- Models will generally be constructed as a distorted image in order to achieve greater depth in the hologram image.
- Models can have line art logos combined together in order to create distinctive images.
2. Production – The laser photography process:
- An environmentally controlled photo lab, containing laser equipment and specially designed optics, is used to create exact replicas of the objects and models.
- A laser light is focused on the model or object to record the image. The laser light splits and separates into an object beam and a reference beam, hitting the object or model from different directions and then rejoining as one beam of light.
- A multi-dimensional image is formed at the intersection of the light waves and developed on a photosensitive glass plate, which becomes the “master”.
3. Development – The electro-forming process:
- A photosensitive glass plate is placed into an electro-chemical bath where the chemicals form, or develop, the image on the glass plate.
- The image on the glass plate is then transferred to a nickel die, referred to as the “shim”.
4. Foil Embossing – Transferring the image to foil:
- The nickel shim becomes the embossing plate that is wrapped around the embossing cylinder on the foil embossing press.
- The embossing press, using both heat and pressure, brings the shim in contact with thermoplastic, which will be used for embossing the hologram image into foil, metalized paper, PVC, or polyester material that becomes the final application.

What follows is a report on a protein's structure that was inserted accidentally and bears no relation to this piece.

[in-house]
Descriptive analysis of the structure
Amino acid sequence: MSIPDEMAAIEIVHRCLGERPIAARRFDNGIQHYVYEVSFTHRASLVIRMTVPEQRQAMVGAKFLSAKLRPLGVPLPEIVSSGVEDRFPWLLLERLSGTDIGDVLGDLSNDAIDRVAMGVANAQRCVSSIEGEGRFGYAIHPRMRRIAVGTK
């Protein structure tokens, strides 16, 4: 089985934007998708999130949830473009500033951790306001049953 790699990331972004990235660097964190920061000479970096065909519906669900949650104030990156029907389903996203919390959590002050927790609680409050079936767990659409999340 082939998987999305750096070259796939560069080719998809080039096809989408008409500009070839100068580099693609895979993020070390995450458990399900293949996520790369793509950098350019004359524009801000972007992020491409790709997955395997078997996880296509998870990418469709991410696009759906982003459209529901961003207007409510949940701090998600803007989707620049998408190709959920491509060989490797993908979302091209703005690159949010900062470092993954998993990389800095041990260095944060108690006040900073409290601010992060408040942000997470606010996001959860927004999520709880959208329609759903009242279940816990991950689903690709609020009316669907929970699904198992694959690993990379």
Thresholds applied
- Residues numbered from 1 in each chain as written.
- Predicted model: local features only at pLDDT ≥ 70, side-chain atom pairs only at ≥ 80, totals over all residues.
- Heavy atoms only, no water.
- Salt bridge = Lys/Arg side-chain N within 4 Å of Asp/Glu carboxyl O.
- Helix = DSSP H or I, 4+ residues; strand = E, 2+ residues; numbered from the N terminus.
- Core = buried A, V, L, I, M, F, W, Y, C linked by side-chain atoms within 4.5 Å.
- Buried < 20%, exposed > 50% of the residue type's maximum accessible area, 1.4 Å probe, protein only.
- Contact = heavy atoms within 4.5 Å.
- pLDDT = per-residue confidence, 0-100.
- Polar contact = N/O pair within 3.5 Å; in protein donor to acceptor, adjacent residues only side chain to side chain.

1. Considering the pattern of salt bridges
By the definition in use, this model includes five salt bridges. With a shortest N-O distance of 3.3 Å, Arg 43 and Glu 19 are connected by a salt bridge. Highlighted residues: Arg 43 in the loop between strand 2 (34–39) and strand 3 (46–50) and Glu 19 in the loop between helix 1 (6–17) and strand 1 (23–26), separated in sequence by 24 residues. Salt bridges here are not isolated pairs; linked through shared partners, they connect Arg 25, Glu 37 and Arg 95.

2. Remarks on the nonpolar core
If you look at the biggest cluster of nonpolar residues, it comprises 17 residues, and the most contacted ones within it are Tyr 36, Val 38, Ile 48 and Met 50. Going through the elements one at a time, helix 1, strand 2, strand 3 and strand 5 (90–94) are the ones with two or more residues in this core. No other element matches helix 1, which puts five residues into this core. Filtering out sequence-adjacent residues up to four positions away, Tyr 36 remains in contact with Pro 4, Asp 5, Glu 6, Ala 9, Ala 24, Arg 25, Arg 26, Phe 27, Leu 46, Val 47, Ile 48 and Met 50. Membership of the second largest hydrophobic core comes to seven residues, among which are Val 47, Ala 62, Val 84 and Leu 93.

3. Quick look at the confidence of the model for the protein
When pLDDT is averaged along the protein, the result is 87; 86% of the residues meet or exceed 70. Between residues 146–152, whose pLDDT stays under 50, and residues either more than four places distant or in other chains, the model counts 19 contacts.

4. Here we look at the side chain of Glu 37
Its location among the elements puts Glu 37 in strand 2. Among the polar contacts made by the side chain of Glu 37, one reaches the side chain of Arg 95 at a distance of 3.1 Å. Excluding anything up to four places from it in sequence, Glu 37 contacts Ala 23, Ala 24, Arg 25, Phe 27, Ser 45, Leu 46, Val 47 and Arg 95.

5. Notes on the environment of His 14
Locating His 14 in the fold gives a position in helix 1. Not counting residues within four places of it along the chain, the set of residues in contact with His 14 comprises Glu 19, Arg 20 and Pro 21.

- For longer run applications or wider embossed images, the image, which is now a relief pattern, is copied from the shim and reproduced onto a custom embossing cylinder or drum.
5. Transfer Application – Transferring the hologram image onto a substrate for further processing:
- Transferring the hologram onto a substrate occurs at this point by hot stamping or die cutting the hologram onto the selected material.
- Individual die cuts to create single sheet holograms or kiss-cut impressions on pressure-sensitive roll stock for hand or machine application, are then created.
6. Final Application – Transferring the hologram onto the printed piece:
- A hot-stamp press is used to transfer the image that exists on foil onto the materials (paper or plastic) that will be used in the print project.
- Some images are simply transferred from the pressure sensitive label material onto the receiving material, such as security labels that are attached directly to the product package. Generally, however, images are stamped into the product directly from the foil carrier, such as the hologram that is transferred to a credit card, promotional brochure, or carton face.
Holograms are produced either as registered or random (wallpaper) patterns. If the pattern or image is registered, it requires tight alignment controls for the hot stamping process. This is to insure that the hot stamp die strikes each registered image precisely, so that it is transferred completely onto the print material. Random patterns, however, are continuous throughout the foil material with no beginning or ending points. Therefore, when a random pattern is stamped into the stock, there is no need to be concerned for exact registration of the hot stamp die onto the foil pattern.
Four types of holographic images are available for a print project:
- Patterned Images are geometric designs throughout the foil in either a repeated or random pattern.
- 2 and 3-Dimensional Images are realistic 3-D illusions of various inanimate objects.
- Multiple Plane Images are layered and repeated several times to create a 3-dimensional effect.
- Stereogram Images are 3-dimensional images of live objects presented in active sequences. Generally, the stereogram image is the most expensive hologram to produce.